CommuniCare’s Healthy Living with Diabetes program assists patients with elevated blood sugar in addition to supporting mothers with gestational diabetes. Our team of a Diabetes Educator and a Registered Dietitian provide one-on-one counseling, self-management education, and home visits. The team collaborates with our health care providers to lead group medical appointments – informal groups where participants learn from each other, explore weekly topics related to living with diabetes, enjoy a healthy snack and consult with a doctor as needed.
“When I was initially diagnosed [with diabetes], I felt very self-defeated thinking that I got into a hole I would probably not get out of. My primary care provider suggested I meet with a diabetes educator and I was skeptical. I did not want to ask for help. I did not know how to ask for help. I was embarrassed,” says a current CommuniCare patient. “Eventually I agreed and I can say that I am glad I did. Even though our meetings were spread out, it was nice having someone knowledgeable to keep me accountable. I look forward to every meeting with her and will be taking cinnamon pills for the rest of my life.”
Angelica Nixon, a paraprofessional Diabetes Educator with CommuniCare, shares her insights into the program:
Who is at risk of Type II diabetes?
There are a few risk factors for diabetes. Eating habits and exercise contribute to being overweight or obese. Others are age, family history and genetics. Ethnicity oddly is a factor: American Indians and Alaska Natives, African Americans, Hispanics/Latinos, Asian Americans, Native Hawaiians, and other Pacific Islanders all have higher risks. Some things you cannot change, like family history or ethnicity, but you can change your lifestyle to prevent the outcome.
What can happen if your diabetes is uncontrolled?
A “controlled diabetic” is considered to be someone with an A1C of 7 or below, which is usually accomplished with diet and medication compliance along with 30 minutes of daily exercise. An “uncontrolled diabetic” is someone with an A1C above 7. This may mean that we need to adjust medication, and not necessarily that they are eating poorly. Uncontrolled diabetes will take a toll on your health – it can lead to numerous risks, including neuropathy, heart disease, amputations, blindness and kidney failure.
I have diabetes. How can I manage it?
When we talk about diet we mean the kinds of food that you eat regularly instead of eating less. A healthy diet is the biggest factor in successfully managing diabetes. Eating more green vegetables and limiting carbohydrate portion sizes are a must; leaner proteins and healthy fruit portions are also important. Diet is key before medication, and diet also improves the effectiveness of medication. Consume 6 small meals throughout the day, along with a high protein breakfast. Most people are more resistant to insulin first thing in the morning than any other time of the day. Always take medication as prescribed, and work with your provider, Diabetes Educator and Registered Dietitian. Join Diabetes Group Medical Appointments along with the 6-week self-management class focusing on diabetes that we currently offer at Salud and plan to expand to all locations.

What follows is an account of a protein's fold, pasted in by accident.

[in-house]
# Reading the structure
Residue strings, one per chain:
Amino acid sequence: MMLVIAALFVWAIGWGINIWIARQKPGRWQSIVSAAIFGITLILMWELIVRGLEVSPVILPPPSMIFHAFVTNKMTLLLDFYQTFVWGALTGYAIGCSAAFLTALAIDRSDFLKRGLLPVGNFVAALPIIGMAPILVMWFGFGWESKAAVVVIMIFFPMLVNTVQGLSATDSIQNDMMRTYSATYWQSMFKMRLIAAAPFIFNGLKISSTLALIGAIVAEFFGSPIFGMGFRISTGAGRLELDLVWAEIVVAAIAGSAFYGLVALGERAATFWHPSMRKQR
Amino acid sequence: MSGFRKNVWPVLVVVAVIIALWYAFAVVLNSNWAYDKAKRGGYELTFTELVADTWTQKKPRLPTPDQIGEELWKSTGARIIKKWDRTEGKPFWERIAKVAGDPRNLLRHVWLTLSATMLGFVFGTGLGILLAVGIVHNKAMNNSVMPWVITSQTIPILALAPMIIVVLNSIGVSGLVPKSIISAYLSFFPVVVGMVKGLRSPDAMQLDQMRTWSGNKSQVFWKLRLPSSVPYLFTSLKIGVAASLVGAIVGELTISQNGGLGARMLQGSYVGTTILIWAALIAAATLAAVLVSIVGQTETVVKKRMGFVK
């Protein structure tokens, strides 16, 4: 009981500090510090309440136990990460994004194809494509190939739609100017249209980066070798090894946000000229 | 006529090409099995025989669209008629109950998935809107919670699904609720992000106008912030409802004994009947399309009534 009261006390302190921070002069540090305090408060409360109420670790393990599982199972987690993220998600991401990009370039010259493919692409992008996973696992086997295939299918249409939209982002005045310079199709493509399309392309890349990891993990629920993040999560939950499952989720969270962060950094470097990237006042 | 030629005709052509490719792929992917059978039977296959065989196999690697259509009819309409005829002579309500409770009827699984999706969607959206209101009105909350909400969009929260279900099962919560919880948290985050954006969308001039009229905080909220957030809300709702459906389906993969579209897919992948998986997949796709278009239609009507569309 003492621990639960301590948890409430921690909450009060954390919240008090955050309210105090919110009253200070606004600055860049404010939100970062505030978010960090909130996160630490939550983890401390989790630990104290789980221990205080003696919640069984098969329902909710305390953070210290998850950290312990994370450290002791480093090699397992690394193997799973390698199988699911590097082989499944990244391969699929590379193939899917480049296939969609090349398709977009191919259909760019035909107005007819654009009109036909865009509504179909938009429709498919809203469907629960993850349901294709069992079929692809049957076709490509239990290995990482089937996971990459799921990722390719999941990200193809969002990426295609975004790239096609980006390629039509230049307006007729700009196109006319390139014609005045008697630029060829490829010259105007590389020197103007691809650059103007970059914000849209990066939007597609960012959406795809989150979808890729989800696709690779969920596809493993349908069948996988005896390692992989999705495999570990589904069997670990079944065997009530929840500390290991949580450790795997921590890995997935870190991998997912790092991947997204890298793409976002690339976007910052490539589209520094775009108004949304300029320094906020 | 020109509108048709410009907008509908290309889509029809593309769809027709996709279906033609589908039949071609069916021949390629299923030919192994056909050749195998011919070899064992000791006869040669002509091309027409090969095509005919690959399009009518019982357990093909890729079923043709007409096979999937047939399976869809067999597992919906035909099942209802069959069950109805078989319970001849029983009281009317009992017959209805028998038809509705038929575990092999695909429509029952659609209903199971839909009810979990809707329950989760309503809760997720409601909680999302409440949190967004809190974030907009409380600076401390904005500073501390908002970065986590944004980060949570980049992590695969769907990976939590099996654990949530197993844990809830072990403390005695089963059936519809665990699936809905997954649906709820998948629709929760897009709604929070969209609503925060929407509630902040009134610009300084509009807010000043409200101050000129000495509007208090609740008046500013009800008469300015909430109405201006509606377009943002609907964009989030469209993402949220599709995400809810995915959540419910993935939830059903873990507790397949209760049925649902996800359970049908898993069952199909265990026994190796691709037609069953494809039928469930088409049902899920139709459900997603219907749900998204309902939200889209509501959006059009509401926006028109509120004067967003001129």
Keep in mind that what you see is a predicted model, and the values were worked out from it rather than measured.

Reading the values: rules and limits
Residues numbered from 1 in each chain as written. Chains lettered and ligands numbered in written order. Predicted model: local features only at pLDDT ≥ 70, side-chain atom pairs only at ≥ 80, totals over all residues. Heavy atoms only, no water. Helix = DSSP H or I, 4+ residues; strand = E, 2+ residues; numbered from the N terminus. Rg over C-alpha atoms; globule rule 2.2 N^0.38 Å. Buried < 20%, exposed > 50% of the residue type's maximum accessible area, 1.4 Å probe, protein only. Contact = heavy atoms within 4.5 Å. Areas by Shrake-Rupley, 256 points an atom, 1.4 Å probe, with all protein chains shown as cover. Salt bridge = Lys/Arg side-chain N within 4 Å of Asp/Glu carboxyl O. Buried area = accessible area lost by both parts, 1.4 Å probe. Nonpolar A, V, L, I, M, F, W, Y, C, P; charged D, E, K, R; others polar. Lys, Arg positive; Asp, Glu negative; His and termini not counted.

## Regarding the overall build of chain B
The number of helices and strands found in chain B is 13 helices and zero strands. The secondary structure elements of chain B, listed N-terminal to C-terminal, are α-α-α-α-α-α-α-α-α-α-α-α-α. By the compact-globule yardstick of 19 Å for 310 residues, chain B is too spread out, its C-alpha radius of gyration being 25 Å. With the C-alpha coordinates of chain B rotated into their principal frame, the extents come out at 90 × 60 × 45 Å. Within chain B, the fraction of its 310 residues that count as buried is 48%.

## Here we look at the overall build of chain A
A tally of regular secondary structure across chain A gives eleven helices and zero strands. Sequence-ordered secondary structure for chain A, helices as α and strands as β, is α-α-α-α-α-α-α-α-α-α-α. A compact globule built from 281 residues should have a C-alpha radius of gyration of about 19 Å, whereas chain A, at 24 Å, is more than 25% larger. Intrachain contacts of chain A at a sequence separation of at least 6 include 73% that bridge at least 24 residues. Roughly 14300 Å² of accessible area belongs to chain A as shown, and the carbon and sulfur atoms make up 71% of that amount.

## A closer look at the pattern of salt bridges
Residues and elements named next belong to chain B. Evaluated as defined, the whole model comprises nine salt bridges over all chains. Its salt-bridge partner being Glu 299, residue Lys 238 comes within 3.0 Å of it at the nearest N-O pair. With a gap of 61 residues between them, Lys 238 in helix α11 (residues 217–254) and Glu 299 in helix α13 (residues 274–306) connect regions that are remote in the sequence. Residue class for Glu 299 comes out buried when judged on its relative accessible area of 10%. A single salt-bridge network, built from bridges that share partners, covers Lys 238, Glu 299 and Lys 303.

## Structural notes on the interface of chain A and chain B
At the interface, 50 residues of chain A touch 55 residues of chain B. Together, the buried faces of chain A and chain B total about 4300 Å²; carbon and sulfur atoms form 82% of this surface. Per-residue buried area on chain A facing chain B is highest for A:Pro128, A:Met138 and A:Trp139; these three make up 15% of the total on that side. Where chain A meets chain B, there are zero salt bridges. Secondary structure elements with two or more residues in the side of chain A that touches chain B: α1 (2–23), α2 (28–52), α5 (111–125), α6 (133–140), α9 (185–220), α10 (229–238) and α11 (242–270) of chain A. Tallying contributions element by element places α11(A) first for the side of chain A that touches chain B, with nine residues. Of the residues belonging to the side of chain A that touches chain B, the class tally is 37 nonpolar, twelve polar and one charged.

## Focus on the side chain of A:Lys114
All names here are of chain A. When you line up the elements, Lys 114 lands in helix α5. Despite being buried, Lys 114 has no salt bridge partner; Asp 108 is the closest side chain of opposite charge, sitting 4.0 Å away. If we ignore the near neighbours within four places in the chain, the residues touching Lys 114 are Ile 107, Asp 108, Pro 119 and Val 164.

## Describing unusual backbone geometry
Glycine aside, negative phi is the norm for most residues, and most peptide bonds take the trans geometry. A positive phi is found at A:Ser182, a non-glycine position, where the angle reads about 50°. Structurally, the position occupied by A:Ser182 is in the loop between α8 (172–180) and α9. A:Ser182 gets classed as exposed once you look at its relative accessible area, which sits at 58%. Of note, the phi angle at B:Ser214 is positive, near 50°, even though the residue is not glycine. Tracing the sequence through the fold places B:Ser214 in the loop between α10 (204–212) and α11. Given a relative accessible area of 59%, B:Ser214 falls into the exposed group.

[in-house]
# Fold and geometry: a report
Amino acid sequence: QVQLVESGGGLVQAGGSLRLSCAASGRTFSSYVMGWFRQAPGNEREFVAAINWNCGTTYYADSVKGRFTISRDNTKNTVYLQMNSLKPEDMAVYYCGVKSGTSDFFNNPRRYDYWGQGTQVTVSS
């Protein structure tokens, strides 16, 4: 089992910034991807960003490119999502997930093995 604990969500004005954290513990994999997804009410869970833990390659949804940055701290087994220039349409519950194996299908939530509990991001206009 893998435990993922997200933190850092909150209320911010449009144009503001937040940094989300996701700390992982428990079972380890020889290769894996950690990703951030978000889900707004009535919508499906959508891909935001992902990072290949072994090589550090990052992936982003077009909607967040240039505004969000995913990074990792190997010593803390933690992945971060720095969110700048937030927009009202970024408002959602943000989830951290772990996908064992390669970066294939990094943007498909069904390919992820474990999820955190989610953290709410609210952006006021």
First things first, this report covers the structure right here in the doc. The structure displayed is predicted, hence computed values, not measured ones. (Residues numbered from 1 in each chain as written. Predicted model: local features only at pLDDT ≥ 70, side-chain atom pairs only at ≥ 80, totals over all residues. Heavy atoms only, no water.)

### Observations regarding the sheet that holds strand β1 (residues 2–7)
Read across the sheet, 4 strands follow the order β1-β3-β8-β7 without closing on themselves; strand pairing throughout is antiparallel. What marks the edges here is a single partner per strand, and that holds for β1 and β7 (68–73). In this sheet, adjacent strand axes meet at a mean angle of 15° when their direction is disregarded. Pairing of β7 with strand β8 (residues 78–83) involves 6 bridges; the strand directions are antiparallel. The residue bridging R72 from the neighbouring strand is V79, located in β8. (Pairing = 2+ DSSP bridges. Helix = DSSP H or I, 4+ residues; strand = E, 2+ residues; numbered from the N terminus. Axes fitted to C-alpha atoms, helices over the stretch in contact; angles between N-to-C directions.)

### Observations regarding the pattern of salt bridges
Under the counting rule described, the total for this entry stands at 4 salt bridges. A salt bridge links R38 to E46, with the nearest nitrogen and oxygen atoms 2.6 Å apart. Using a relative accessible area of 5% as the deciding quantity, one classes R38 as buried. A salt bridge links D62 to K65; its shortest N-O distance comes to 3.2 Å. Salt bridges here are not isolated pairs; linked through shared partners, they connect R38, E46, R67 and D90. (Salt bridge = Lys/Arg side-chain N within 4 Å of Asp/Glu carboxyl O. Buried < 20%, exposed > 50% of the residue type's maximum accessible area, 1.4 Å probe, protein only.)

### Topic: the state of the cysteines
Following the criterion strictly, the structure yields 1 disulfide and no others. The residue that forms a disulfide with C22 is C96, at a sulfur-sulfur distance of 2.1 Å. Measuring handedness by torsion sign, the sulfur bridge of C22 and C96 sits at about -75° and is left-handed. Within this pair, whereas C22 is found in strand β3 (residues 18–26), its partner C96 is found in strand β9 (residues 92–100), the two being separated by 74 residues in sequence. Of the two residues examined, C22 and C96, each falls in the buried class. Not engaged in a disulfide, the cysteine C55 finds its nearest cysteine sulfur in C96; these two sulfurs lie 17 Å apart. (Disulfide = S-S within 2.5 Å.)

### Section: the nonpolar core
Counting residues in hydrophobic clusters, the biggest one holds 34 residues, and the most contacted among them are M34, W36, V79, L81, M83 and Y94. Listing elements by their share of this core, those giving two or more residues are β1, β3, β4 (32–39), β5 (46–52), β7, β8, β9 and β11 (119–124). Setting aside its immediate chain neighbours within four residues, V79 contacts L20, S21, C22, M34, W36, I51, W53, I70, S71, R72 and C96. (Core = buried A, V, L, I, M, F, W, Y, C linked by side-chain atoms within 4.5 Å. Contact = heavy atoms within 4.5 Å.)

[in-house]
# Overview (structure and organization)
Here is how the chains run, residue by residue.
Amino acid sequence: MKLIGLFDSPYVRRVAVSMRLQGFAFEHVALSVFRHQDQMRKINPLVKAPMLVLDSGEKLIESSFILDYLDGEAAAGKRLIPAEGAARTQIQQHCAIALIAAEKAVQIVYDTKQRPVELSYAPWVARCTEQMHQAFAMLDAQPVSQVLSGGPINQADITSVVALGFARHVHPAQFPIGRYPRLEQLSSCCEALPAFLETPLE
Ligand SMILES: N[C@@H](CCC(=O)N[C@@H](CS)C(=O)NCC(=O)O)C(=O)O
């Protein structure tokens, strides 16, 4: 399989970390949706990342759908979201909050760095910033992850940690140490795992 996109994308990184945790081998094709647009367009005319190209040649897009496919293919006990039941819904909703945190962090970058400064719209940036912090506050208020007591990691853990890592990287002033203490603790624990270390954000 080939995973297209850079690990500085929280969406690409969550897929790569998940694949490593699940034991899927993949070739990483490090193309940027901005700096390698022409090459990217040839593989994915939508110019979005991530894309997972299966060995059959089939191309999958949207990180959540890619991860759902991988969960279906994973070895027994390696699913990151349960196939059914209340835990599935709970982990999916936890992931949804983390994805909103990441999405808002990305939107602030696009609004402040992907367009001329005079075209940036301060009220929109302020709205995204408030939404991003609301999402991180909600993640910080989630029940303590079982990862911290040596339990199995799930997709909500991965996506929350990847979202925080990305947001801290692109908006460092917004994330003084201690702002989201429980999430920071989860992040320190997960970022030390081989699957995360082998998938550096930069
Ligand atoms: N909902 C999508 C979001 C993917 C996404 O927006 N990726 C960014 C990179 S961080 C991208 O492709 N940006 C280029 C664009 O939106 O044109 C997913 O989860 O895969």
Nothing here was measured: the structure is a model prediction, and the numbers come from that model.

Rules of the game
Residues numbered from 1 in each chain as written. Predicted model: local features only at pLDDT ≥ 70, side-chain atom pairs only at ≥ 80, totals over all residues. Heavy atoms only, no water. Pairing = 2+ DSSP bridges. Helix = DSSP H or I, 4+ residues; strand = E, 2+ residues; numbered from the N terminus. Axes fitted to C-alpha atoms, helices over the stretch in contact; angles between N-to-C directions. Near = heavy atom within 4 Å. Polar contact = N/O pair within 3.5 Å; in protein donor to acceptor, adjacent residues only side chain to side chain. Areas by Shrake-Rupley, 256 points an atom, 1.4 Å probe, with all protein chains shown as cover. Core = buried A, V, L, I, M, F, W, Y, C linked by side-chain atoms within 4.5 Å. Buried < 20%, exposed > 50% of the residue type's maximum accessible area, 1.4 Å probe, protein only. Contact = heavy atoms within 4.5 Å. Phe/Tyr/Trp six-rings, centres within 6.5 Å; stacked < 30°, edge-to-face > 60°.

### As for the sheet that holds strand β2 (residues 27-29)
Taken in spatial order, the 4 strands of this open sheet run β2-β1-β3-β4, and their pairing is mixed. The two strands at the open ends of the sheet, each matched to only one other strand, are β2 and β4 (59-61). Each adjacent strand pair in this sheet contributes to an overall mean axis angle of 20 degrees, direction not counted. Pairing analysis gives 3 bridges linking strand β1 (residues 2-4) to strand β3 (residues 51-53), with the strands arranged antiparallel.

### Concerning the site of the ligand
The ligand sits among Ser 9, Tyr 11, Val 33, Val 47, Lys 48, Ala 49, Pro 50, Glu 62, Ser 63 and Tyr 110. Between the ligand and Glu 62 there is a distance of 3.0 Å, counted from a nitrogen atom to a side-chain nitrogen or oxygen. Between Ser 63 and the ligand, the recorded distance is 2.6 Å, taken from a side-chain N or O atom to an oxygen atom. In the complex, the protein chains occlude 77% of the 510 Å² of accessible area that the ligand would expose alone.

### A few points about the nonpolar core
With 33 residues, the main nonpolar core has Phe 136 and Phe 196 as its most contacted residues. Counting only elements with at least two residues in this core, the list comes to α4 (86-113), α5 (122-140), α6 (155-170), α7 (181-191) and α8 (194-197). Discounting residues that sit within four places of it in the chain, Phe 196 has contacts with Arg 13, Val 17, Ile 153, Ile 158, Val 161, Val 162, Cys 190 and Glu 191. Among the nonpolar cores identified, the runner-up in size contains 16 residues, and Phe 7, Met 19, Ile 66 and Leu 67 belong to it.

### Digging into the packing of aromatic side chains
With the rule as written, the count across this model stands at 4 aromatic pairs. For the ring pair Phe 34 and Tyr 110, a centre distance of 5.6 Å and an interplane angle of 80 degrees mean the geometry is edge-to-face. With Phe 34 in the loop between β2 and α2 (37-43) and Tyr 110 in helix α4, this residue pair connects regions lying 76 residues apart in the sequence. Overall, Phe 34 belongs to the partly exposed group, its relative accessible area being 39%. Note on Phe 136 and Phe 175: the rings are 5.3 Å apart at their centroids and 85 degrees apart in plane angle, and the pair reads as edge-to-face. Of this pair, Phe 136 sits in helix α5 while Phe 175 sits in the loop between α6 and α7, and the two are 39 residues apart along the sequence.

What diabetes education and support is available to me?
Here at CommuniCare we offer the Healthy Living with Diabetes program provided by a team that includes me, the Diabetes Educator, and Kayla Teng, our Registered Dietician. We work closely with providers to help with medication titration, lifestyle changes, education materials, and glucometers regardless of ability to pay. We offer group visits where they learn different subjects weekly, meet one on one with a provider and receive a bag of healthy food. We promote healthy snacks and provide a healthy snack for tasting along with how it was made and some of the ingredients to take home.
For more information:
For information about group medical appointments, please call Salud Clinic: (916) 403-2900
For one-on-one appointments or self-management class information, contact:
• Angelica Nixon, Diabetes Educator: (530) 405-2818, or
• Kayla Teng, Registered Dietitian: (530) 758-2092